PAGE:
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This being the twentieth anniversary year of the publication of Harry Potter and the Philosopher’s Stone, there were a number of prominent celebrations of the books over the course of the year. The National Library of Scotland, amongst many libraries across the UK, had a special event on the 26 June to mark the anniversary. There is already a cottage industry of Harry Potter tourism in Edinburgh. And from 20 October to 28 February, the British Library in London is running an exhibition on the history of magic. All of the promotional material for these events as well as the many articles about the anniversary in the press contemplated made Harry Potter magical.

I remember A.S. Byatt’s 2003 critique of the Harry Potter books as a Freudian ‘family romance’, as a ‘secondary secondary world, made up of intelligently patchworked derivative motifs from all sorts of children’s literature’ that ‘has no place for the numinous’, being ‘written for people whose imaginative lives are confined to TV cartoons’. Its primary purpose is to provide the comfort of regressing into children’s or childish fantasies, especially for an ‘adult generation that hasn’t known, and doesn’t care about, mystery’, ‘inhabitants of urban jungles [… who] don’t have the skills to tell ersatz magic from the real thing’. Byatt’s critique was levelled against The Order of the Phoenix, and until that point in the series is fair and exacting. The tropes of being an orphan and escaping to a secret world of magic, mystery and boarding school hijinks are, in a psychoanalytic reading, an immersive escape from the mundane dissatisfaction of one’s immediate environment through fantasy. It was only in the last book that the stakes of the conflict between Harry and Voldemort took on a vaguely ‘numinous’ character, depicting the rise of a genocidal regime that sought racial purity of its society and the chosen hero who defeats it. The symbiotic coexistence of this magical world and the muggle world, far from being a mere ‘caricature’ that Byatt suggests, serves to simultaneously defamiliarize the modern world through its alterity but nevertheless reflect the same world through its proximity in a way that makes these ethical truths more apparent.

I was down in London last weekend to see the British Library exhibition. I had booked myself tickets to see it back in April, but then forgot about it until I was sent a reminder email two days before and had to find an ad hoc way of travelling down in time. The exhibition showcased many of the rare manuscripts and artefacts in the BL’s collection, many of which detailed some of the historical and textual sources that J.K. Rowling drew from to create her magical world. The Edinburgh City Library is also running a similar event in partnership with the BL’s exhibition. Having seen this exhibition, I think it is somewhat unfair for Byatt to dismiss the Harry Potter books as a patchwork of derivative motifs from children’s literature. The depth of research that went into the stories, drawing on numerous historical sources on witchcraft and science, show that the books draw on a much larger wealth of magic than Byatt allows. The exhibition was arranged by subject, exploring the historical antecedents for Hogwarts subjects like Potions, Alchemy, Herbology, Divinations, Charms and Astronomy. This was a fascinating exhibition that shed light on the several years’ worth of research that went into the world of Harry Potter, and the longer history of witchcraft and folk beliefs that are taught at Hogwarts.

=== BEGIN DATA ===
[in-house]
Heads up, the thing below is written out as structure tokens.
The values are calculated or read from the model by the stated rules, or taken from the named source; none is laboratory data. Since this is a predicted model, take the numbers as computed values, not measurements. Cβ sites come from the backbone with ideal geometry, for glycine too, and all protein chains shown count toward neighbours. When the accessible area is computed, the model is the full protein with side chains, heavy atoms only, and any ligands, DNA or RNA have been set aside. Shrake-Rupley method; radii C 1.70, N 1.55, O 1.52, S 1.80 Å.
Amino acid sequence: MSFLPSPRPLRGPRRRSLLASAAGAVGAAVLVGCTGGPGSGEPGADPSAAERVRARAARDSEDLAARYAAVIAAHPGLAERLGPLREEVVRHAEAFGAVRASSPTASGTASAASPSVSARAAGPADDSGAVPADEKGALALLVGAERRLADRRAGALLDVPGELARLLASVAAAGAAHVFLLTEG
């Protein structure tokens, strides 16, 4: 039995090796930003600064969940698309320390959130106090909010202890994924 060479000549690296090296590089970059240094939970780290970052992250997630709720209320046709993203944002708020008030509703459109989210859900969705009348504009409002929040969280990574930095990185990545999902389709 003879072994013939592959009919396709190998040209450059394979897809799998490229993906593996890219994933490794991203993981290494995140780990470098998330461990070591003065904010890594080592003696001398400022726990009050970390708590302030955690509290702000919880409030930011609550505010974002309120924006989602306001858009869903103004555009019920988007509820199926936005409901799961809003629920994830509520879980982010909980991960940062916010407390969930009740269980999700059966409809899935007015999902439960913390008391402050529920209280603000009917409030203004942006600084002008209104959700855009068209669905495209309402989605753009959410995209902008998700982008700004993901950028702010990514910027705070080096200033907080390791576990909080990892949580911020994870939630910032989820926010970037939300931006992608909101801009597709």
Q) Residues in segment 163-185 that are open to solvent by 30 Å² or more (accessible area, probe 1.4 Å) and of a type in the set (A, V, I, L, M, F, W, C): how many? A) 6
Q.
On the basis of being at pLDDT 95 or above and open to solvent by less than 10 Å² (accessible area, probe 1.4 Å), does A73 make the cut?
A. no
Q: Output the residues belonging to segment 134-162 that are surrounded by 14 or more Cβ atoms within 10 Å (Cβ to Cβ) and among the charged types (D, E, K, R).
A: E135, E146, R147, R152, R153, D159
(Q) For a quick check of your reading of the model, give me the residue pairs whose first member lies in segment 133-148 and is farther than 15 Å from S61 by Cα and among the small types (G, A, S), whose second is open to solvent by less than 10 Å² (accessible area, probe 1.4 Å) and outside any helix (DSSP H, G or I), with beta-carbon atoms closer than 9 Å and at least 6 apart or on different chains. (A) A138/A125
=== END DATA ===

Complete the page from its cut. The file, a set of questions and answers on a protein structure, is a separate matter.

But Harry Potter is magical not because it has some profound political or ethical insight into society nor because it displays a rich historical tapestry of witchcraft. It is magical because the readers have come together and made it so. Because Hogwarts is a world that is symbiotic with our own, it is easy to imagine ourselves fitting into it, imagining which house we’d be in or what our patronus would be. And it is something which my friends and I have spent a long time debating. What is especially surprising is that these are all friends from different countries, all of whom I met when I emigrated to the UK to study, and Harry Potter gave all of us a common point of reference (along with The Hitchhiker’s Guide to the Galaxy, Star Wars, Doctor Who and other media franchises). The lore of Harry Potter is something that encourages the participatory culture of fan sites and blogs over the Internet. This, coupled with a commercial strategy that feeds off of the energy and enthusiasm of its fans and the dominance of Anglo-American forms of cultural production in a transnational literary marketplace, makes Harry Potter ubiquitous to the point of appearing universal. Harry Potter is not so much written for a generation that only knew of TV cartoons, but for one which uses the Internet to participate and invest their imagination in a shared cultural text with a wider community of fans.

The BL and the NLS’s exhibitions had a section dedicated to the universality and international proliferation of Harry Potter by showcasing the many different languages into which it is translated. Moreover, the NLS also canvassed all of the visitors to the exhibition for their recommendations on which fan sites to archive, acknowledging the tremendous role played by fan culture in making the phenomenon of Harry Potter what it is. What makes Harry Potter so special for me is not that it gives me a comforting fantasy to which I can escape, nor is it the nostalgia for boarding school hijinks, but it is the joy that I get from geeking out over it with my friends from around the world.